About 25,000 people and 11,000 structures could be in harm's way when the gates on the Morganza spillway are unlocked for the first time in 38 years.
Opening the spillway will release a torrent that could submerge about 3,000 square miles under as much as 25 feet of water but would take the pressure off the downstream levees protecting New Orleans, Baton Rouge, and the numerous oil refineries and chemical plants along the lower reaches of the Mississippi.
Engineers feared that weeks of pressure on the levees could cause them to fail, swamping New Orleans under as much as 20 feet of water in a disaster that would have been much worse than Hurricane Katrina in 2005.
Instead, the water will flow 20 miles south into the Atchafalaya River. From there it will roll on to the Gulf of Mexico, flooding swamps and croplands. Morgan City, an oil-and-seafood hub and a community of 12,000, shored up levees as a precaution.
The Army Corps of Engineers said it will open the gates when the river's flow rate reaches a certain point, expected today. But some people living in the threatened stretch of countryside — an area known for small farms, fish camps, and a drawling French dialect — have already started fleeing for higher ground.
Sheriffs and National Guard members will warn people in a door-to-door sweep through the area, Governor Bobby Jindal said. Shelters are ready to accept up to 4,800 evacuees, the governor said.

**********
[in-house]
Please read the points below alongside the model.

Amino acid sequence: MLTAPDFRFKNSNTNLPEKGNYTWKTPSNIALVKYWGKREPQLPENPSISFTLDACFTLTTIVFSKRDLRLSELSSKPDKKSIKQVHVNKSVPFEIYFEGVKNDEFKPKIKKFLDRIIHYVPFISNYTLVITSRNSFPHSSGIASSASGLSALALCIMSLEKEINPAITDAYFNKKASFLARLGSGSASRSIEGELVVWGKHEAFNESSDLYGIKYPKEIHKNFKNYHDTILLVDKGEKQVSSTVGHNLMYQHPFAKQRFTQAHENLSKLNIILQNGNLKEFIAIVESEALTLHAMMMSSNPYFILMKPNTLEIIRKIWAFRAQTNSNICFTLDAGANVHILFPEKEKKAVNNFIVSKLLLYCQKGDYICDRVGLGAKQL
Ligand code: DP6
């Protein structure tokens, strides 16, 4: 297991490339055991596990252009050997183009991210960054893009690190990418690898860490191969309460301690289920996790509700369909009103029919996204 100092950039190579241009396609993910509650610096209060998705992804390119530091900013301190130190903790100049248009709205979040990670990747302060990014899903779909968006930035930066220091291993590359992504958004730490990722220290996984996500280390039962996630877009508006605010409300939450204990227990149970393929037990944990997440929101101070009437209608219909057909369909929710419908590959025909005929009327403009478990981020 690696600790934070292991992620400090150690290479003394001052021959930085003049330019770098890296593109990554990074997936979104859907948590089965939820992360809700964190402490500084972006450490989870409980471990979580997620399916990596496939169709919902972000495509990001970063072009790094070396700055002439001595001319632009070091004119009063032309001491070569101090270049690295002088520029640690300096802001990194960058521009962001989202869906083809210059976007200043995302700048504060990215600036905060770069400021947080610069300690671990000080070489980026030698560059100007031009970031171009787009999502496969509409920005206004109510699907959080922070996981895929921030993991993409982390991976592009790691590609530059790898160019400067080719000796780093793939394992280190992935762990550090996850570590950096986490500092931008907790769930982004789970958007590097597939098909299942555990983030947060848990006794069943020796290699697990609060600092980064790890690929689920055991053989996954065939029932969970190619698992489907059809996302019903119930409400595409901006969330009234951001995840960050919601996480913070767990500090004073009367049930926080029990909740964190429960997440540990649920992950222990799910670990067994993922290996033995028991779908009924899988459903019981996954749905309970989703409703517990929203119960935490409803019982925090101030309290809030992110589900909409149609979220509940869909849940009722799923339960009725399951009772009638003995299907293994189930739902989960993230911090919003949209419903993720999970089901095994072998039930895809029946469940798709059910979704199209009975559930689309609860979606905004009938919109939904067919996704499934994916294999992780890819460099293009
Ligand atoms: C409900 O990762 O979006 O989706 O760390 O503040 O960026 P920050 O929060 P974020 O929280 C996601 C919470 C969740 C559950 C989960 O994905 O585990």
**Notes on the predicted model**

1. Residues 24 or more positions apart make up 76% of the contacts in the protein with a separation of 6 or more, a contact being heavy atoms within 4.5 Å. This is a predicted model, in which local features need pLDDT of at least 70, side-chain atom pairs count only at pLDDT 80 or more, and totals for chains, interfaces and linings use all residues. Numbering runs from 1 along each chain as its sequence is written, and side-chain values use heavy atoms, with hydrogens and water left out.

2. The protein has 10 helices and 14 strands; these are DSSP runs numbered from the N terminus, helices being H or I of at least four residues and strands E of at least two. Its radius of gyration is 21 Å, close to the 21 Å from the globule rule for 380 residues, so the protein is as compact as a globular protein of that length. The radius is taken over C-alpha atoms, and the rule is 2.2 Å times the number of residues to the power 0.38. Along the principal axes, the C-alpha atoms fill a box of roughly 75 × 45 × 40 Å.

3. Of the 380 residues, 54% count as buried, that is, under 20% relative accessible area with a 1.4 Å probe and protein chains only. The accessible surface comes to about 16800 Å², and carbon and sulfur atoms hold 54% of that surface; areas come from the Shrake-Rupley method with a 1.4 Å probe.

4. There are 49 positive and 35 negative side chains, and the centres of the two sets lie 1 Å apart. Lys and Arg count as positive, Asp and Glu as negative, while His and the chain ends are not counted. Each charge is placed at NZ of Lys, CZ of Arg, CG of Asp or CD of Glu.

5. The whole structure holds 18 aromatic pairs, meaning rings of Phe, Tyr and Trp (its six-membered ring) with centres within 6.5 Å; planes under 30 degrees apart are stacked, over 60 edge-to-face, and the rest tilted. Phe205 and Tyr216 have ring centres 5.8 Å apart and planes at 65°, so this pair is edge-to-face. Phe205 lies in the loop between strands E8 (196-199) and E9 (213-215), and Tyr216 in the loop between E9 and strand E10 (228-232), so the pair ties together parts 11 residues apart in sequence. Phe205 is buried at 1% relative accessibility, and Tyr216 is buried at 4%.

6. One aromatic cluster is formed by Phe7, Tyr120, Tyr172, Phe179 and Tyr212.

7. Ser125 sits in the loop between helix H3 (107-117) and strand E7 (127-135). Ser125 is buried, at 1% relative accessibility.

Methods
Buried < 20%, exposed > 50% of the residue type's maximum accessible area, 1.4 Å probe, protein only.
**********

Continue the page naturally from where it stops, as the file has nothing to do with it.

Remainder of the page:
"Now's the time to evacuate,'' Jindal said. "Now's the time for our people to execute their plans. That water's coming.''
The corps employed a similar cities-first strategy earlier this month when it blew up a levee in Missouri — inundating an estimated 200 square miles of farmland and damaging or destroying about 100 homes — to take the pressure off the levees protecting the town of Cairo, Ill., population 2,800.
With crop prices soaring, farmers along the lower Mississippi had been expecting a big year. But now many are facing ruin, with floodwaters swallowing up corn, cotton, rice, and soybean fields.
In far northeastern Louisiana, Tap Parker and about 50 other farmers filled and stacked massive sandbags along an old levee to no avail.
The Mississippi flowed over the top Thursday, and nearly 19 square miles of soybeans and corn, known in the industry as "green gold,'' was lost.
"This was supposed to be our good year. We had a chance to really catch up. Now we're scrambling to break even,'' said Parker, who has been farming since 1985.